ANSE-à-PITRE, Haiti (Reuters) - Every morning, Gustavo Adolfo wakes up in a migrant shelter in Haiti, treks across a field of burnt brush where men make charcoal, and crosses a river into the Dominican Republic, a country he left in fear three months ago.
With a machete strapped to his waist, Adolfo is joined by others each day in a desperate effort to make a living. They cross the border into the wealthier Dominican Republic under constant threat of arrest or expulsion.
“I can make 200 pesos (2.90 pounds) a day working in the fields there,” said the middle-aged Haitian as he swatted away a swarm of mosquitoes.
Dominican officials last month began implementing a controversial immigration programme targeting Haitian migrants and Dominican-born people of Haitian descent.
The programme centres on round-ups and deportations that have triggered concerns about a slow-growing border migration crisis in the poorest country in the Americas.
So far about 1,500 people have been deported at a pace of 50 to 100 per day, according to relief officials with access to records supplied by the Dominican government. The officials asked not to be identified because they were not authorized to discuss the number of deportees.
Thousands more have fled the Dominican Republic out of fear of arrest or harassment, scared by neighbours, bosses, coworkers and police or immigration officials.
More than 27 percent of those crossing into Haiti say they were born in the Dominican Republic, according to Amnesty International. But they lack documents to prove residency or citizenship, and many are undocumented immigrants who say they have lived most of their lives on the Dominican side of the border.
The Dominican Republic, which has a population of about 10 million, has long complained of illegal migration of Haitians, even as it benefits from a steady source of cheap labour for construction, agriculture and domestic work.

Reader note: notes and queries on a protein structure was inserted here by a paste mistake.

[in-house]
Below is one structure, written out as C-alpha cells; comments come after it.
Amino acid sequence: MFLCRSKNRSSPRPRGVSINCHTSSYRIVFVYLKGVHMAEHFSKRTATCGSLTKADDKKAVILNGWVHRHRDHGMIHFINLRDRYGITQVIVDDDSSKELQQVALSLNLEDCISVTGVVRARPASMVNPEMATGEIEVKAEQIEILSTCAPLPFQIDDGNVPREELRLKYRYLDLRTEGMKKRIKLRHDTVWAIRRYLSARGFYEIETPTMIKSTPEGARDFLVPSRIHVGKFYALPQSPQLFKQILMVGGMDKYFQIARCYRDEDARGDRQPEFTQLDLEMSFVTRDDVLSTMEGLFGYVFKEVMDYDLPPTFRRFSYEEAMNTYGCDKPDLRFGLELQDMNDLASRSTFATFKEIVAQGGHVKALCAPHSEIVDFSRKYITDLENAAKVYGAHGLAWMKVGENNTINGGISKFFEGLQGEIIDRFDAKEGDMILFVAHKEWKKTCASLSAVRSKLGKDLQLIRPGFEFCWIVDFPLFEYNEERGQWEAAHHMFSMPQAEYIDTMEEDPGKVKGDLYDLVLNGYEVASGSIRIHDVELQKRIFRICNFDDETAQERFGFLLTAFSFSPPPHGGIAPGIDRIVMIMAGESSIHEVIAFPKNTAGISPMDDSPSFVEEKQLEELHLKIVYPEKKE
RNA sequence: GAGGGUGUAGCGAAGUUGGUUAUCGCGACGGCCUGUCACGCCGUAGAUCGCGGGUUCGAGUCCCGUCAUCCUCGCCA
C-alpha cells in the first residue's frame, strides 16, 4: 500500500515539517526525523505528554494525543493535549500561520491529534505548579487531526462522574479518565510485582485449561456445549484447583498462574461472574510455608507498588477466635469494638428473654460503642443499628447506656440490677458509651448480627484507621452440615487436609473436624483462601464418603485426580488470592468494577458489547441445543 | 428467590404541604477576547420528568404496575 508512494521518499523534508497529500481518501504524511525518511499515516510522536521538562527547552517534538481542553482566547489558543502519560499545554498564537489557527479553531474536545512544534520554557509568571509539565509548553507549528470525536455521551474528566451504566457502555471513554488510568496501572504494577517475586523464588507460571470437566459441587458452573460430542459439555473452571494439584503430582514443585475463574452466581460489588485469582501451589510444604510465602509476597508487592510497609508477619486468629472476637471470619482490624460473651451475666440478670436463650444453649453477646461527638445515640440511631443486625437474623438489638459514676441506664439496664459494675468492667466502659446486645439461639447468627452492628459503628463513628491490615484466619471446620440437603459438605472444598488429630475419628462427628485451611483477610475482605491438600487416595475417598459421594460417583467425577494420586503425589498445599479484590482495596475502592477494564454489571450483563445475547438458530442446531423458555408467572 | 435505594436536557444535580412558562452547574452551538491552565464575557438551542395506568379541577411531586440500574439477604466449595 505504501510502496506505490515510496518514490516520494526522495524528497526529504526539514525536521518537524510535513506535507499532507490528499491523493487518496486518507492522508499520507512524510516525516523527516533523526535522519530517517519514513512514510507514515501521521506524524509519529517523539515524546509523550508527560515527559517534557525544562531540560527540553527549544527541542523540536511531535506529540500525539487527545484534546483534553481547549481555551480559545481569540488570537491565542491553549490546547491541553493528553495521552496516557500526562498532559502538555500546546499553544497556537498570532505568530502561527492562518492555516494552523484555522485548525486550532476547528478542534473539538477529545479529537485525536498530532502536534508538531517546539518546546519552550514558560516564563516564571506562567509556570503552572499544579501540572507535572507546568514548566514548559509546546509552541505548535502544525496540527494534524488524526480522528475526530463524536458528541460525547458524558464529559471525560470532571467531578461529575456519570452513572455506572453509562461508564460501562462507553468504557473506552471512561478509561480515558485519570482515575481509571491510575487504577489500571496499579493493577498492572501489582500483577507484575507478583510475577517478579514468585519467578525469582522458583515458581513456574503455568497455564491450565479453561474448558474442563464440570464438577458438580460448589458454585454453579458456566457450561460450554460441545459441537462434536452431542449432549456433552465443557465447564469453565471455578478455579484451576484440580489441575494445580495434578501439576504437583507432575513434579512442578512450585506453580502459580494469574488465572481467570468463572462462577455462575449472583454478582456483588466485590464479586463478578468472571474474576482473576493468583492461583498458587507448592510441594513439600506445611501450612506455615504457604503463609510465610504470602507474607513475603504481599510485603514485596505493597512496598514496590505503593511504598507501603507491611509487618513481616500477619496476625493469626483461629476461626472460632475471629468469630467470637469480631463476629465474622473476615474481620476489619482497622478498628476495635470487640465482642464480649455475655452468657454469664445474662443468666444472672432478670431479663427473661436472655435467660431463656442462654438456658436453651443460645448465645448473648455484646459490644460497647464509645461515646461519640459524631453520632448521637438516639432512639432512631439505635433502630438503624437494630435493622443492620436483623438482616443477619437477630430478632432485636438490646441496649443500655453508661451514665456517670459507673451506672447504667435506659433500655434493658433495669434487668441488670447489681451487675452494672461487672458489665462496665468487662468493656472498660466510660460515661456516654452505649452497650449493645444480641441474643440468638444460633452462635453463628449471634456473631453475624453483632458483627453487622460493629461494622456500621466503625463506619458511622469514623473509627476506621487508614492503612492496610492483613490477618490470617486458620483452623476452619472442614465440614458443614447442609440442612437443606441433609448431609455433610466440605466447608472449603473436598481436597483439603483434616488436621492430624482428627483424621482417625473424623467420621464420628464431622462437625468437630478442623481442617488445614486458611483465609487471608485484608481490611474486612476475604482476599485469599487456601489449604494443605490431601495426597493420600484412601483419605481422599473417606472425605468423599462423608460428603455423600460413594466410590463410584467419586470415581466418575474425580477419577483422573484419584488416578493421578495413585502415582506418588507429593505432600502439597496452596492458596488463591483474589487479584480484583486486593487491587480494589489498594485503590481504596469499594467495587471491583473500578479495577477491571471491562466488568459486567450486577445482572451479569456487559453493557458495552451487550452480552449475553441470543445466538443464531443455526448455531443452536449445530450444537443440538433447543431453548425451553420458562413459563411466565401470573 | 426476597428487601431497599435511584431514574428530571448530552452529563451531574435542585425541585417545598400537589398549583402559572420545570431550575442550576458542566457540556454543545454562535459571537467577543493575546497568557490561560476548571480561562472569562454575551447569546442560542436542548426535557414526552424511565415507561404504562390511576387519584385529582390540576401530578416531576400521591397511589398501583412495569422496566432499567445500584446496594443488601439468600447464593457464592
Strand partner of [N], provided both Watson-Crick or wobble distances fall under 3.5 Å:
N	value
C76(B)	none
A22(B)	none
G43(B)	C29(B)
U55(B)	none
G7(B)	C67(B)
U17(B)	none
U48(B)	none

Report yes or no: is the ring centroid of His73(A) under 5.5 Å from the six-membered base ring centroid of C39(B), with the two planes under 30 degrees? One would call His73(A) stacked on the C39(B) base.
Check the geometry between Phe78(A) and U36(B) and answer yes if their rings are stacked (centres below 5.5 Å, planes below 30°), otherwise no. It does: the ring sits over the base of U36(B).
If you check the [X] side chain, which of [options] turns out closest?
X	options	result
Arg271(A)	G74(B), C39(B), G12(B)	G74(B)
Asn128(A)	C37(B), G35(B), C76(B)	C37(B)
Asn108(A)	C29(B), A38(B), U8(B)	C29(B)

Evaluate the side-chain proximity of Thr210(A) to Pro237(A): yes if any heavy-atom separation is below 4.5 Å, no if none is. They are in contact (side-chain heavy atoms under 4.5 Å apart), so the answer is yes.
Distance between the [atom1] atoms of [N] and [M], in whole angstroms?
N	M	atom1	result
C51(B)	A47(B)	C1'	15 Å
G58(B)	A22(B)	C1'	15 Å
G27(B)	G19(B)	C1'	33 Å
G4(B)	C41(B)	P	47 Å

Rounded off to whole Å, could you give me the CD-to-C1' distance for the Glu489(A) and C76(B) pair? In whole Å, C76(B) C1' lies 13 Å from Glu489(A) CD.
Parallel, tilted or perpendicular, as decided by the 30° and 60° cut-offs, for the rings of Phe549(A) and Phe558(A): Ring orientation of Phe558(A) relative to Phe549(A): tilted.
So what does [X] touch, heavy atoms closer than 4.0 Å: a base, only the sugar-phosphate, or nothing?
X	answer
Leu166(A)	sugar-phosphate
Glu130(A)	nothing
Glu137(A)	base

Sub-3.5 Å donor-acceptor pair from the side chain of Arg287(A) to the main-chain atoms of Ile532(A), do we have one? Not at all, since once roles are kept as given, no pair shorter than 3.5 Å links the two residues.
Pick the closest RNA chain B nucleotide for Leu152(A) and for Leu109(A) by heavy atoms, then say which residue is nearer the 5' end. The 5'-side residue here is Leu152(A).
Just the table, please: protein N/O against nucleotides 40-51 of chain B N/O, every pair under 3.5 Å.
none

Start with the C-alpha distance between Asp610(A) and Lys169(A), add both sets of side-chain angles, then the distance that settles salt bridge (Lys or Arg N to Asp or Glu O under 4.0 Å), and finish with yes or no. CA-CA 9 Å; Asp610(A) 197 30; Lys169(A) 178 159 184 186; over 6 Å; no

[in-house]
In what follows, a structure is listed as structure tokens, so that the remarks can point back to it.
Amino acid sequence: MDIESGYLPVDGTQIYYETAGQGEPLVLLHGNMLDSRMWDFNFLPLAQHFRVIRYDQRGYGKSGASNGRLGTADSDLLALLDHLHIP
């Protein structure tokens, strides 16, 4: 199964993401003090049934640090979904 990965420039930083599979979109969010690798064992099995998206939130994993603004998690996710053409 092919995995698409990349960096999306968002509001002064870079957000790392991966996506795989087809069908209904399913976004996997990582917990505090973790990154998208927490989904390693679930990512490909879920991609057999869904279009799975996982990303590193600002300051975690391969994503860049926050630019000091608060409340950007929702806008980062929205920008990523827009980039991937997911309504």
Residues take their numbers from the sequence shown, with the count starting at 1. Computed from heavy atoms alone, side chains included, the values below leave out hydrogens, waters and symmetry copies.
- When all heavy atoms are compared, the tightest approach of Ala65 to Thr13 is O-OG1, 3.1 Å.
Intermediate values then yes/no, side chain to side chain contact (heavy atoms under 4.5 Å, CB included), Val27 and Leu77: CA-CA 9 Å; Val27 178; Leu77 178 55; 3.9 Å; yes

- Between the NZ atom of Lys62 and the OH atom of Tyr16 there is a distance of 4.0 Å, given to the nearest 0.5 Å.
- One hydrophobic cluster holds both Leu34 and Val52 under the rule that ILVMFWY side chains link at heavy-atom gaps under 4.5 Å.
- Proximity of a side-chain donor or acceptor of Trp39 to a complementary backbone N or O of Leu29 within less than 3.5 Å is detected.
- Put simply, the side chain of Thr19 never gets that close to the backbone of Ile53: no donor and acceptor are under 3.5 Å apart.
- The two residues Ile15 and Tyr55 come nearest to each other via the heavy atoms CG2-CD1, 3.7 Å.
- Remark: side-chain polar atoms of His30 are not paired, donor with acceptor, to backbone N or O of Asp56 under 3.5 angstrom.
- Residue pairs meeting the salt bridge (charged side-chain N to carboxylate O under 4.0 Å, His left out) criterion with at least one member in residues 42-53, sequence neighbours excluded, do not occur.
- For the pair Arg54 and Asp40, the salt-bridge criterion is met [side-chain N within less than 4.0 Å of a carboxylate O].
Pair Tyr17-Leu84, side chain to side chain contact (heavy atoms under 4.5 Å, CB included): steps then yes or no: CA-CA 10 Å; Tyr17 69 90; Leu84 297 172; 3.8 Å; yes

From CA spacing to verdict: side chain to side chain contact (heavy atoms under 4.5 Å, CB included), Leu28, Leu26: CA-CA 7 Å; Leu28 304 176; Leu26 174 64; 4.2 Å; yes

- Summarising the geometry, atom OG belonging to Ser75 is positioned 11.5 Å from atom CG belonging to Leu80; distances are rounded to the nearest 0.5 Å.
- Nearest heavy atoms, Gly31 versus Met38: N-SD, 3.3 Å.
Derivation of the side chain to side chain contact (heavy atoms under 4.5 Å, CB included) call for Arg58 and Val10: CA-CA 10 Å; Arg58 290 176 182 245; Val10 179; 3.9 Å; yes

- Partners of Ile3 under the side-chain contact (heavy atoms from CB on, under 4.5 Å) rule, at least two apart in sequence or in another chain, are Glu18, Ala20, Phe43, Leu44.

The Dominican government declined repeated requests for comment on its immigration crackdown. But the issue touches a centuries-old xenophobic nerve in the country, stemming from its occupation by Haiti in the early 19th century.
Four informal settlements have sprung up in southern Haiti
for people affected by the deportations. They now house between 2,500 and 3,000 people, according to the Jesuit Refugee Service.
The Haitian government began a relocation programme at one settlement camp, Tête à l’Eau, last month. But the programme, including $30 in assistance for deportees, was suspended due to a lack of funds, according to Frantz Pierre-Louis, a top regional Haitian government representative.
A United Nations human rights official in Haiti, Gustavo Gallón, this week urged the government to establish health facilities and deliver drinking water to the camps.
“The conditions are horrible there, I don’t know how people are living,” he said.
The U.N. Humanitarian Coordinator in Haiti is seeking $6.9 million in emergency assistance for the country but it is unclear how much of it would be used to improve conditions in the migrant camps.
Camp residents complain they lack basic essentials and receive little or no help from the Haitian government.
“People come all the time and take our information but they never give us anything! We need food,” yelled Manuel Amadice, a rail-thin man in his 50s wearing worn flip-flops.
Amadice left Haiti as a child but said he lacked the required documents to apply for residency in his adopted homeland.
The migrant crisis stems from a 2013 constitutional change that stripped citizenship away from the Dominican-born children of foreign parents - mostly of Haitian origin. The ruling was applied retroactively to 1929, sparking an international outcry that it would leave thousands stateless.
Under a separate law all “migrants” were required to apply for temporary residency by deadline of June 17, or face deportation.
Dominican officials have said 78,000 out of 289,000 applicants for residency were denied. It remains unclear how many of those may face expulsion.
“I was born in the Dominican Republic and my mom died when I was 7. I never had a birth certificate,” said Pablito Felix Ramirez, a resident of one settlement camp called Parc Cadeau.
Ramirez, 24, who fixes motorcycles at his cardboard and stick shack, said he is legally Dominican, but the Dominican government sees him as Haitian.
He has no family in Haiti and added that he had been unable to get a Haitian identity card or birth certificate, making him a man without a country.
“Wherever I can make 50 pesos ($1), I’m happy,” Ramirez said.
Editing by David Adams and Tom Brown